“Electrophotography had practically no foundation in previous scientific work. Chet put together a rather odd lot of phenomena, each of which was obscure in itself and none of which had previously been related in anyone’s thinking. The result was the biggest thing in imaging since the coming of photography itself. Furthermore, he did it entirely without the help of a favorable scientific climate. There are dozens of instances of simultaneous discovery down through scientific history, but no one came anywhere near being simultaneous with Chet. I’m as amazed by his discovery now as I was when I first heard of it.”
— Dr. Harold E. Clark, Battelle Memorial Institute, New Yorker, 1967

The road to Carlson’s success—or that for xerography’s success—had been long and filled with failure. He was turned down for funding by more than twenty companies between 1939 and 1944. He tried for some time to sell the invention to International Business Machines (IBM), the great vendor of office equipment, but no one at the company saw merit in the concept—it is not clear that anyone at IBM even ‘understood’ the concept. His next-to-last attempt to garner the interest—and funds—he needed to commercialize the physics was a meeting with the Department of the Navy. The Navy had a specific interest in the production of dry copies, but they did not “see” what Carlson saw.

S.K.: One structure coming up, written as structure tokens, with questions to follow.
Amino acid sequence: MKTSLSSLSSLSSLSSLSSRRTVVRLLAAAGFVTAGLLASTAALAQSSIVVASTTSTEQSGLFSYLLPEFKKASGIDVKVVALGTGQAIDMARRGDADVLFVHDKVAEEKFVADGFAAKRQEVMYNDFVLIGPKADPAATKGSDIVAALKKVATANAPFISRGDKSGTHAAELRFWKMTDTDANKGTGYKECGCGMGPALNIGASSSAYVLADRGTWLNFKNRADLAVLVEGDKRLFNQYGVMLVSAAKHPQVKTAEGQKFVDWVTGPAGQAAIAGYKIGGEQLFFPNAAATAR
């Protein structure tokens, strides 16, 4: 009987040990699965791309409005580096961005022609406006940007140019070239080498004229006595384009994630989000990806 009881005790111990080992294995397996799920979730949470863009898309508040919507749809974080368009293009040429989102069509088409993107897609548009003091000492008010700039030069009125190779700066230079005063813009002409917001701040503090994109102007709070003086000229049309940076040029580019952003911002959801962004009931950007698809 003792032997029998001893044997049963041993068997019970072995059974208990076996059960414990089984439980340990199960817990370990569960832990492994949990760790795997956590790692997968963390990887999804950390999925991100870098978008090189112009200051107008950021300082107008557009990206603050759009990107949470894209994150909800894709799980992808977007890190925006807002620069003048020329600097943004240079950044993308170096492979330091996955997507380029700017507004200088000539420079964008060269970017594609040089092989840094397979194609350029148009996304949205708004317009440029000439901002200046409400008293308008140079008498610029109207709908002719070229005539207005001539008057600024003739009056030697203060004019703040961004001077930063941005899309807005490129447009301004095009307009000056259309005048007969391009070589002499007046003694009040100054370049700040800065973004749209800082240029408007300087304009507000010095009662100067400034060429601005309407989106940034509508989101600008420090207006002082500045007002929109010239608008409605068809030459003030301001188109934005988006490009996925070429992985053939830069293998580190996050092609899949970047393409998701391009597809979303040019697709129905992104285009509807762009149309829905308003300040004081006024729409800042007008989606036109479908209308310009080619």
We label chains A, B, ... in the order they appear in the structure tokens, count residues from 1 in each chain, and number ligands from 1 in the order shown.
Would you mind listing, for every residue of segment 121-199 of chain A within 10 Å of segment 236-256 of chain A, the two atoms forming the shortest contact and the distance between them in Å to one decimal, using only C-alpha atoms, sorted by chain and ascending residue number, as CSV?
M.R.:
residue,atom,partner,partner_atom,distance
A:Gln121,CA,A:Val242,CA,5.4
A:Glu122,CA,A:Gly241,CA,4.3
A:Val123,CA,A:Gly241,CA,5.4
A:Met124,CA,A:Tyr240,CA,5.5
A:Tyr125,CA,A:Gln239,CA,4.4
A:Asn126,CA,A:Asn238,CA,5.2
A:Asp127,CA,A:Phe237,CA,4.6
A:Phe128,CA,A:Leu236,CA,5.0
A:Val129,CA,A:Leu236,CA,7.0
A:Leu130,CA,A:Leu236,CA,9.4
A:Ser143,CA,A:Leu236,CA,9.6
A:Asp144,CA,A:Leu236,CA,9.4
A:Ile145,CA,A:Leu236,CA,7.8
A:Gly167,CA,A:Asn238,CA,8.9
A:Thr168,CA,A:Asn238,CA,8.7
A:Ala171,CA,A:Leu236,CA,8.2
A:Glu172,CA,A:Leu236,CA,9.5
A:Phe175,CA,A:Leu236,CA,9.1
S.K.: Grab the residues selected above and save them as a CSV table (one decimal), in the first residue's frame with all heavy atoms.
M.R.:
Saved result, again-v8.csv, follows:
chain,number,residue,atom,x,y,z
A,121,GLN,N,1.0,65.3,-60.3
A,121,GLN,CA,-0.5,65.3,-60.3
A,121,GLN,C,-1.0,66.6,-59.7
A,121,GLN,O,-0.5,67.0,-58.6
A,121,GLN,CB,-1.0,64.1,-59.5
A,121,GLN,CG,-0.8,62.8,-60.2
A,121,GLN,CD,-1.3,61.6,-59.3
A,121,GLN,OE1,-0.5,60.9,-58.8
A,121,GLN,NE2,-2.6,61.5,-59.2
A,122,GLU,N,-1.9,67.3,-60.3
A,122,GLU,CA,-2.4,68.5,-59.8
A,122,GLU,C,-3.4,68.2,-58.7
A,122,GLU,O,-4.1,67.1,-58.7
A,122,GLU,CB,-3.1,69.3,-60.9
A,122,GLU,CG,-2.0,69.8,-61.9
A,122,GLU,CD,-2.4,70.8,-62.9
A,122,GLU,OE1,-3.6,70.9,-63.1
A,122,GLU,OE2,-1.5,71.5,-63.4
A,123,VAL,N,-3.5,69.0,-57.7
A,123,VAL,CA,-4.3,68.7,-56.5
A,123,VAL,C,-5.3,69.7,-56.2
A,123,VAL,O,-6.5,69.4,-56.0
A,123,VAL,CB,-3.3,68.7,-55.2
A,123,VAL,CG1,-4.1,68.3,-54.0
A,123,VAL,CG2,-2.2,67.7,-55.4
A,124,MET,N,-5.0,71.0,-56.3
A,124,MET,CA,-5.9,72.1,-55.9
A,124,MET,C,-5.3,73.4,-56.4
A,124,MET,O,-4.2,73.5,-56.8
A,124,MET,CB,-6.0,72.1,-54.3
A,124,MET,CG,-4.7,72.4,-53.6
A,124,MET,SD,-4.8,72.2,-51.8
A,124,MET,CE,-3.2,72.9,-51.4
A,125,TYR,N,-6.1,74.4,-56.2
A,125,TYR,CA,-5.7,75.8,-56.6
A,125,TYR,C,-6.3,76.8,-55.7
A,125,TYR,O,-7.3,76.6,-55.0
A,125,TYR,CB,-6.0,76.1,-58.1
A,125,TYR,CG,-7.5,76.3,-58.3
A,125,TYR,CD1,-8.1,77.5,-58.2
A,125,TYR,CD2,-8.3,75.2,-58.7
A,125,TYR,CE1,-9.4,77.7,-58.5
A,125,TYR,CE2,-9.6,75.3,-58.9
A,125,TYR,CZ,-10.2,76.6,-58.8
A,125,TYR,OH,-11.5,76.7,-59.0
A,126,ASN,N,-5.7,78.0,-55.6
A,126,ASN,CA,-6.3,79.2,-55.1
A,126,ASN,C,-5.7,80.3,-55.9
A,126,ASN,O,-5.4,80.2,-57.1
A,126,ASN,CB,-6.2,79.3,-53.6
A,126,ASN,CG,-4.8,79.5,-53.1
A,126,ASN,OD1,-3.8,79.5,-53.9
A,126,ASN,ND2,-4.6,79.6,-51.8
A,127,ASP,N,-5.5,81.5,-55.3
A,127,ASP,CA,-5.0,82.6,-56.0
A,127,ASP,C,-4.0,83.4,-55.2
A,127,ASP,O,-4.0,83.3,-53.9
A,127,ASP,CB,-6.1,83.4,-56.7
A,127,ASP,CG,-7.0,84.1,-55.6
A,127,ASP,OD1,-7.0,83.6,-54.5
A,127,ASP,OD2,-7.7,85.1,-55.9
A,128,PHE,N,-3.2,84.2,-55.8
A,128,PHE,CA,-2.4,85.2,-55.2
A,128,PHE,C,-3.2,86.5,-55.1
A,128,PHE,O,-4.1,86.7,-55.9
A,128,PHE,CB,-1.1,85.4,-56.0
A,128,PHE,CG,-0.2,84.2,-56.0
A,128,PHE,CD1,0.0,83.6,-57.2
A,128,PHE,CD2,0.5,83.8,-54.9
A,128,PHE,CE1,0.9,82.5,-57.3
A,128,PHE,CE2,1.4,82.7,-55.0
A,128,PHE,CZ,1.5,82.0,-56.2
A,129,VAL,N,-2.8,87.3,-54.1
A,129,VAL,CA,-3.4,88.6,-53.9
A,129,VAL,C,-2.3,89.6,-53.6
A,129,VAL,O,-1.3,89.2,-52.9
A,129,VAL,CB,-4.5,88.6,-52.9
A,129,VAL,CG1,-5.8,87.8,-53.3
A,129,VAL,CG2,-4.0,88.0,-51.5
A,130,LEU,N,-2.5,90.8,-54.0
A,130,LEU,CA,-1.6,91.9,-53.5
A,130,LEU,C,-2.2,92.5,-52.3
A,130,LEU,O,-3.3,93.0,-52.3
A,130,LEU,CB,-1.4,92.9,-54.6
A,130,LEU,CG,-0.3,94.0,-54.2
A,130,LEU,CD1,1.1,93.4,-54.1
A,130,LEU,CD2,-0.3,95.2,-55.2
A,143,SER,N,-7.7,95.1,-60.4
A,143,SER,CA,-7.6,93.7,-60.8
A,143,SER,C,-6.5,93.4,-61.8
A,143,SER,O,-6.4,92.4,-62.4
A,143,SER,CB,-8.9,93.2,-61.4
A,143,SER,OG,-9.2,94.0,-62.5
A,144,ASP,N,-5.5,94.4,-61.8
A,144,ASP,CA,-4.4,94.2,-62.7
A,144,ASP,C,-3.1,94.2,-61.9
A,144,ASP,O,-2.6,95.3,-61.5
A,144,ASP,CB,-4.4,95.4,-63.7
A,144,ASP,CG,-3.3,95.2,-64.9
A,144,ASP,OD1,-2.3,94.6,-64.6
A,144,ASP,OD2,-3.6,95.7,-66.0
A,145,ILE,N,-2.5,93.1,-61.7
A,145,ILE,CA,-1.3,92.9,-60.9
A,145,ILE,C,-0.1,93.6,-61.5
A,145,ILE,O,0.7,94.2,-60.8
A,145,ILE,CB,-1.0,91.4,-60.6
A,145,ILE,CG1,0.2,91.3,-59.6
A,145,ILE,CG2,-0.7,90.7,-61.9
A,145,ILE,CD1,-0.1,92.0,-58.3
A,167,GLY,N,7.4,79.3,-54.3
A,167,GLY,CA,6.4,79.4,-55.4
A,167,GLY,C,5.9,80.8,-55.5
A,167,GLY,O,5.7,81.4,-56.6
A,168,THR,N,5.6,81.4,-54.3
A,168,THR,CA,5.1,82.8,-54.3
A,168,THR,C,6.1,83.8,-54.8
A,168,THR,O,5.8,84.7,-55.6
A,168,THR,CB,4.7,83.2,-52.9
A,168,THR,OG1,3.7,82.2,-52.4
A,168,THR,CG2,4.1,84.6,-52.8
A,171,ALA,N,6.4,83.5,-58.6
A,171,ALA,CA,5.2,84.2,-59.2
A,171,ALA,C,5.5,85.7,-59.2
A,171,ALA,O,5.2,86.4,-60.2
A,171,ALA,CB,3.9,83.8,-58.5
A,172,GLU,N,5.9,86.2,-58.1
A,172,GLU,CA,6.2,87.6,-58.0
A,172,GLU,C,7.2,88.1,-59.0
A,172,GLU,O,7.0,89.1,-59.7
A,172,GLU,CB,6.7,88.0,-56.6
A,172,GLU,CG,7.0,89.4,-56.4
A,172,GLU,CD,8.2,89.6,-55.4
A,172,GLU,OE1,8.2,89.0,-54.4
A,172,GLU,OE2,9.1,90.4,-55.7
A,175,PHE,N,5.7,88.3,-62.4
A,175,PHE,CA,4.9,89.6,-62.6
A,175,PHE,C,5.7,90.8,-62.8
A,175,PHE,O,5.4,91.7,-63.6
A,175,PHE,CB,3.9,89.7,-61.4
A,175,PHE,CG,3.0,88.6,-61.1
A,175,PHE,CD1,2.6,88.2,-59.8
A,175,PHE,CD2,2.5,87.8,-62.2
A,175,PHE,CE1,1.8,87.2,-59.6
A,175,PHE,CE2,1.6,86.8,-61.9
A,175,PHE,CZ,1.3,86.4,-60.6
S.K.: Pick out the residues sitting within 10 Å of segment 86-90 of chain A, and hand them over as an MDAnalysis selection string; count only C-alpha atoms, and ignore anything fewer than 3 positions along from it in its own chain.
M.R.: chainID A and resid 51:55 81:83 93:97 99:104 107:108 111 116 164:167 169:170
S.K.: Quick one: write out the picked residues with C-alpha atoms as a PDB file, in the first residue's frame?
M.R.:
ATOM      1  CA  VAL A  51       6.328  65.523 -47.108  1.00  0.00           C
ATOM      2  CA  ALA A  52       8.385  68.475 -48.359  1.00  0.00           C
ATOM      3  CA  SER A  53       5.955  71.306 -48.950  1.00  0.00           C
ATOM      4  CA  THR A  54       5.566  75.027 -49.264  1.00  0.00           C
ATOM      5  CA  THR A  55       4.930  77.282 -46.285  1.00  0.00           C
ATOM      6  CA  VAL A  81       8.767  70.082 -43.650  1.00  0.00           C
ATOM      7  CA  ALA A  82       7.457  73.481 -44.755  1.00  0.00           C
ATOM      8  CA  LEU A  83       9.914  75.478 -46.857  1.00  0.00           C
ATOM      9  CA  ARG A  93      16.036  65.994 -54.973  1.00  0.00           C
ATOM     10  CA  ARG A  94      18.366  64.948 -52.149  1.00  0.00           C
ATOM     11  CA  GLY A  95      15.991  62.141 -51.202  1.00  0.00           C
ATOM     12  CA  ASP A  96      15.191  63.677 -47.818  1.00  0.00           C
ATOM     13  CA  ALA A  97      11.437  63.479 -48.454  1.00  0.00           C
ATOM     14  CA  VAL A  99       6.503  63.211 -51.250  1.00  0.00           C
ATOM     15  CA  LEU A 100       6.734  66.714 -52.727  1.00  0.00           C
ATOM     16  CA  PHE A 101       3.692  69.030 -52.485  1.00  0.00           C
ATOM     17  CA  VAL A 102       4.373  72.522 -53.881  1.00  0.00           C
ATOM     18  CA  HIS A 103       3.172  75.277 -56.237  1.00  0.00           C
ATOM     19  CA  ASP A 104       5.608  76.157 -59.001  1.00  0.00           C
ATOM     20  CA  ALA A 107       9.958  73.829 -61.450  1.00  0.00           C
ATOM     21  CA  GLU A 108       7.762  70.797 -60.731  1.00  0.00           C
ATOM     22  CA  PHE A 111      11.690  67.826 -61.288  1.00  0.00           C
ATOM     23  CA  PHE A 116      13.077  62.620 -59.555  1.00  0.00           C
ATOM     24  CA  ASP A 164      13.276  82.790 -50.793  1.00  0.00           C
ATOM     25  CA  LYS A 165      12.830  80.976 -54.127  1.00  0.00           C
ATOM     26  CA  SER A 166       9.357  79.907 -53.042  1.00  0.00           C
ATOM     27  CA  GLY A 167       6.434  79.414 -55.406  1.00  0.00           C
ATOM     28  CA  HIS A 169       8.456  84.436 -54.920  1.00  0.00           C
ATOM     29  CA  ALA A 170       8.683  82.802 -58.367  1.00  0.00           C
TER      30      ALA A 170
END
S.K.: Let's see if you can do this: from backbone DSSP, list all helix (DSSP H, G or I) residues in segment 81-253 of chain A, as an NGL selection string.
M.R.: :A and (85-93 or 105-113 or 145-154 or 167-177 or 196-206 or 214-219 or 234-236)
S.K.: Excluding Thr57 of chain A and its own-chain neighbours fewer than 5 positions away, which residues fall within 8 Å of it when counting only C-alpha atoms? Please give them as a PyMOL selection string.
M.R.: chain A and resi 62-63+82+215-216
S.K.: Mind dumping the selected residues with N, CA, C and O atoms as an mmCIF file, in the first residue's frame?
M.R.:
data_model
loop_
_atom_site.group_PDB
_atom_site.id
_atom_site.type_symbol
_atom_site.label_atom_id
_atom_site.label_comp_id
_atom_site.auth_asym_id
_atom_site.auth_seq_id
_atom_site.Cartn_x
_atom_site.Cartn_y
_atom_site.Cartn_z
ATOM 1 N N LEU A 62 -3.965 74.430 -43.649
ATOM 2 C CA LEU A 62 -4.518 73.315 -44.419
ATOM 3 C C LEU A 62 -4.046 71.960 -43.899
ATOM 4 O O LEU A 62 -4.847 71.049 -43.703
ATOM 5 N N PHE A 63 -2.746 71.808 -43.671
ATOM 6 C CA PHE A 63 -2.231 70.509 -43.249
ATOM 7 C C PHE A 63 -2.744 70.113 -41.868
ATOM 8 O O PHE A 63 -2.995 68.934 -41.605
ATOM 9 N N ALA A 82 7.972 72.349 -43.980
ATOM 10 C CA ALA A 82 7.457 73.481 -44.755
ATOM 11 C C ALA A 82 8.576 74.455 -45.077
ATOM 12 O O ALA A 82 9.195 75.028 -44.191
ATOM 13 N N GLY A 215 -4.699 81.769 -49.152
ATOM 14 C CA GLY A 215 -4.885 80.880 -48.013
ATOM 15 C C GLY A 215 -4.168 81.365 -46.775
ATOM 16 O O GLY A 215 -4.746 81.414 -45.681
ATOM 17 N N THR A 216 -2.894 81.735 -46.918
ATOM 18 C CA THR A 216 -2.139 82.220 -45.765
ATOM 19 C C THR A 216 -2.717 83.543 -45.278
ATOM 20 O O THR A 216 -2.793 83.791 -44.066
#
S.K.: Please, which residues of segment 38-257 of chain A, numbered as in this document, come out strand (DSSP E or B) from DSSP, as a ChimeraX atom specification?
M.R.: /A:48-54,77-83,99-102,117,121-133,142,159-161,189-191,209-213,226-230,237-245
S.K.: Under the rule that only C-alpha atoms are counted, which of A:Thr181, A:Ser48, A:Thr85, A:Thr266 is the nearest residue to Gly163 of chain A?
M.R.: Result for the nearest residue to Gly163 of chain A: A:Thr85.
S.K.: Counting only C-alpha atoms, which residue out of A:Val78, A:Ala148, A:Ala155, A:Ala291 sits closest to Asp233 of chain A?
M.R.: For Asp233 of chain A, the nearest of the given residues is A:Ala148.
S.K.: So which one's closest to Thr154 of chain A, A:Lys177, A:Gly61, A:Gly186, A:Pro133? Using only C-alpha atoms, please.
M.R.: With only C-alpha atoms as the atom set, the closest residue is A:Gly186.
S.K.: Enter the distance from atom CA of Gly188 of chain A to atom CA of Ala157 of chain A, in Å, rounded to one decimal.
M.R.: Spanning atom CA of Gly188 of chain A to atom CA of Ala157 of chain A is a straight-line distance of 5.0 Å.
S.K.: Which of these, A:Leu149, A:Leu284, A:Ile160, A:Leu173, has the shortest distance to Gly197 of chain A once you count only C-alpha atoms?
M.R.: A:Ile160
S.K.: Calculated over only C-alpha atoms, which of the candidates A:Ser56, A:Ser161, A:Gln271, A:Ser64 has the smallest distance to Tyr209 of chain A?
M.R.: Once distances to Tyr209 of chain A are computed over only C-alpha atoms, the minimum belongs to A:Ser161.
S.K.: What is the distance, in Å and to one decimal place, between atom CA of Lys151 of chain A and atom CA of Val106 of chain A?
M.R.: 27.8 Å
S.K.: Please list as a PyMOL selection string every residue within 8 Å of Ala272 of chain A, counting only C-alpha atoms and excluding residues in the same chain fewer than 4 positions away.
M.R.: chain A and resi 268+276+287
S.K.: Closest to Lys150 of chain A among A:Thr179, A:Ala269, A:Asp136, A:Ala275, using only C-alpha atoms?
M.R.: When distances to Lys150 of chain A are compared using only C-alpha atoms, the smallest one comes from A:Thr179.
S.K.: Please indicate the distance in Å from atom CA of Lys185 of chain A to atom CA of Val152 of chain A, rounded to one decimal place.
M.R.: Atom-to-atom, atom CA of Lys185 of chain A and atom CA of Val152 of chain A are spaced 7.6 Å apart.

Carlson obtained the first of many patents for the xerographic process and tried unsuccessfully to interest someone in developing and marketing his invention. More than 20 companies turned him down. Finally, in 1944, he persuaded Battelle Memorial Institute, Columbus, Ohio, a nonprofit industrial research organization, to undertake developmental work. In 1947 a small firm in Rochester, N.Y., the Haloid Company (later the Xerox Corporation), obtained the commercial rights to xerography, and 11 years later Xerox introduced its first office copier.

The Worst Possible Person Discovered Medical Handwashing

Dr. Ignaz Semmelweis noticed that women in childbirth attended by doctors died a lot more than women attended by midwives. His subsequent investigations inspired him to introduce sanitizing and hand washing to his clinic.